On Monday, I gave out a list of links for people who don’t really enjoy outlining but are willing to give it a try. Today I’m going to explain why you should.
For all authors, creativity is the crux of writing. Without that initial spark of an idea, you have no story idea, nothing to build off of. It’s how you take an idea that may seem generic, and turn it into something that is beautiful, one of a kind.
For some authors, writing can only happen when they feel in the mood. These pantsers need to be swept up by the story, and to do that, they must know absolutely nothing about what happens next. They rely on that feeling of mystery and intrigue that readers feel when reading.
I know how it works, because for the longest time, I was a pantser too. Outlines were Enemy Number 1. How did I include the heartbreak and suspense if I knew what was going to happen? If a reader knows that a character is going to die, presumably, they wouldn’t be willing to get so attached to that character. And even if they could, surely, when the death happened, they would not feel so emotionally distraught.
For pantsers, this translates into how we write. How can we write in a way that’ll make readers emotionally attached when we know what’s going to happen to these characters later in the novels? How can we add suspense and intrigue if we know what’s going to happen and do not feel that suspense and intrigue ourselves?
As a panster, I never got past the first draft of a story idea. Once I knew what the story was about, I lost my creative spark. Dire Fate, my current novel, is the first book I’ve ever gotten past the first draft on, and in hindsight… I wish I’d planned it out before I started. Especially for the first three finished drafts, each one was almost completely different than the last. The story was a tangled mess as, midway through each draft, I’d change my mind about how I wanted the plot to go.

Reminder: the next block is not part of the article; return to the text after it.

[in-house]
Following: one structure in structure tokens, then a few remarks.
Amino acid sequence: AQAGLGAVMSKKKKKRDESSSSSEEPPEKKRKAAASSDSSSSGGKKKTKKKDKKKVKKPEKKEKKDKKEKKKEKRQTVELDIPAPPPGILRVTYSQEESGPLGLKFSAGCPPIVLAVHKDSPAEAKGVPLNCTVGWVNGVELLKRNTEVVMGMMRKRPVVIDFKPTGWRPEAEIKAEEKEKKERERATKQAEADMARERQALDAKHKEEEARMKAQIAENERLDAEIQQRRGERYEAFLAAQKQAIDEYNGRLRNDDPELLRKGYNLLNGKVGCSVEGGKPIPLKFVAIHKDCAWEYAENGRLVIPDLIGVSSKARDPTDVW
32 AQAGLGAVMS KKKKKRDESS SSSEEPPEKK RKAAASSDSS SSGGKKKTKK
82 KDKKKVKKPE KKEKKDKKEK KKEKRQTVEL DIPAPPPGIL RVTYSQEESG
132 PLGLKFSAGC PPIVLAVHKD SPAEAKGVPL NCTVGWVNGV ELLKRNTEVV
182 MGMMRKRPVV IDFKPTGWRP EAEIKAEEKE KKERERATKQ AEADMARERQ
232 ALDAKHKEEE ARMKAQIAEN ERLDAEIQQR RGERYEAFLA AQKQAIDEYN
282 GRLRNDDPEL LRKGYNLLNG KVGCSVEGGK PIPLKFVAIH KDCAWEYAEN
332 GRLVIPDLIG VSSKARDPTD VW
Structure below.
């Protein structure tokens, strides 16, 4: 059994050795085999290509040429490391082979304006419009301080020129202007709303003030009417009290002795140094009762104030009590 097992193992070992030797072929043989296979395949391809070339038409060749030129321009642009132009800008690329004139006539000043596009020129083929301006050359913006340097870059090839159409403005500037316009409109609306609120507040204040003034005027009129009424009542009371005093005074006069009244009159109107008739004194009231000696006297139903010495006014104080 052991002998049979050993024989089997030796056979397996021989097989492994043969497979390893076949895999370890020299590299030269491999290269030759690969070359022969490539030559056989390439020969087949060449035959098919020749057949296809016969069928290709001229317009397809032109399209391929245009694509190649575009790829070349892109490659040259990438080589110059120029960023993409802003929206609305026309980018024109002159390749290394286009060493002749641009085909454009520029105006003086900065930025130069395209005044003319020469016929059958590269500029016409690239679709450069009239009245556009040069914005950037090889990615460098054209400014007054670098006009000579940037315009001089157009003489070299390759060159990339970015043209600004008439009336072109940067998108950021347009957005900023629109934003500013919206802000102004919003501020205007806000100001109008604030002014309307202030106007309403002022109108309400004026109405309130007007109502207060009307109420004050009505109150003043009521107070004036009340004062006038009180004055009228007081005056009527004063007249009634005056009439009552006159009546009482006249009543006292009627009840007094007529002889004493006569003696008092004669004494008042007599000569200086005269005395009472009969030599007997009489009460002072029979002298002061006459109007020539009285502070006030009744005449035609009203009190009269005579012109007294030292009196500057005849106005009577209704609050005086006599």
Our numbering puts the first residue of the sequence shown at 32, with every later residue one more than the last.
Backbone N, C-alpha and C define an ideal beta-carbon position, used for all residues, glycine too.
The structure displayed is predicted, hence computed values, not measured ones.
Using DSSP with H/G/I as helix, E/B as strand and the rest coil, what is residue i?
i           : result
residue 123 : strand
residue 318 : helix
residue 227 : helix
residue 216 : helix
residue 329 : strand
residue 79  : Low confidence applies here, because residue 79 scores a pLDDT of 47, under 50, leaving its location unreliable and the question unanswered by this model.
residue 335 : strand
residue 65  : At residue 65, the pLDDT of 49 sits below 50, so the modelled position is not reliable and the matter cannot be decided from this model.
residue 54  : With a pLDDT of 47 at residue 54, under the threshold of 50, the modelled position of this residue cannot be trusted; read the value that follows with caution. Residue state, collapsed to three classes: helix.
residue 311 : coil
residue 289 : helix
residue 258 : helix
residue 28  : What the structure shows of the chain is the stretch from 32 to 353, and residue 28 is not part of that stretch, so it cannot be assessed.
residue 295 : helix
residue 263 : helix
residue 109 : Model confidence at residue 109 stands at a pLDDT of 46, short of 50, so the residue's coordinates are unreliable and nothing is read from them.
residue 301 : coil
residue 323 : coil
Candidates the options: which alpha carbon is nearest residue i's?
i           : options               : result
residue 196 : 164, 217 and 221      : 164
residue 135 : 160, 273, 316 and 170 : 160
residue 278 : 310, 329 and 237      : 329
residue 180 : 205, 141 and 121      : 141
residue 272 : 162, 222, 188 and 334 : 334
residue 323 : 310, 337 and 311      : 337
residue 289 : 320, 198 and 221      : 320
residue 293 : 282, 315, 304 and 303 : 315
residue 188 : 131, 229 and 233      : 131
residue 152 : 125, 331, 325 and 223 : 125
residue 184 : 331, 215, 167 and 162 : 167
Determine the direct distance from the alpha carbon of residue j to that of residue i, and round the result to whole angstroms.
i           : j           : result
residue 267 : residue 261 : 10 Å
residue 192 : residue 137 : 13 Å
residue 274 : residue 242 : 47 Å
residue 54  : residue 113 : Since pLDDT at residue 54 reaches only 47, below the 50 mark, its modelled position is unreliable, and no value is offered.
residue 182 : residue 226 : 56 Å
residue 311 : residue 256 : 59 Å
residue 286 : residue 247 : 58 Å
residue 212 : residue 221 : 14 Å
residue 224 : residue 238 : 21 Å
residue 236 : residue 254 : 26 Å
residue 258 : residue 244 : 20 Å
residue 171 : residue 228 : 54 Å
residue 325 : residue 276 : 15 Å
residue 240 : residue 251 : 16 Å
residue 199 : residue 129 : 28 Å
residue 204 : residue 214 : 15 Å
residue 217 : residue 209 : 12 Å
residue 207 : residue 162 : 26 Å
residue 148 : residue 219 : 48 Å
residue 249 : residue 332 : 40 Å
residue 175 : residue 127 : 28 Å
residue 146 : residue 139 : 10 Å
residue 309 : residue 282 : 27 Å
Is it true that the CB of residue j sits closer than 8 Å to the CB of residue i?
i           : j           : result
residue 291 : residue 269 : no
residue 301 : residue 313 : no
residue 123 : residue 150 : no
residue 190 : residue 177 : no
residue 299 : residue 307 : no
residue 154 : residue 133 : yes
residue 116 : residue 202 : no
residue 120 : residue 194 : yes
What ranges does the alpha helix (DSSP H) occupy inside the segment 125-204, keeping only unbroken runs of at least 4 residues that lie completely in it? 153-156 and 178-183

Now that I do know where the story is heading, I’ve found out that I rely on knowing what happens. Outlining can save you a lot of time and headache in the long run, because it is essentially just a really basic first draft. You don’t outline with the belief that this is exactly how your story is going to go. Outlines are just there to help you flesh out your idea and make sure that there’s enough substance to your story to actually try to make a full novel out of it. And if you’re writing a series, it’s a good idea to have the overall arcs laid out so that you can make sure you have all the tools you’ll need in the final climax.
Finally, and perhaps most importantly, pantsing often involves waiting for the muse to show up. But most often when the muse doesn’t show up (aka writer’s block), it’s because we don’t know where we’re trying to go or what we’re trying to say. What I’ve found is that an outline, even if it’s just the most basic skeleton of one, can help remind you of that. It’s a map, and knowing where you’ll have to make pit stops can go a long way towards making sure you don’t run out of gas before you reach your destination.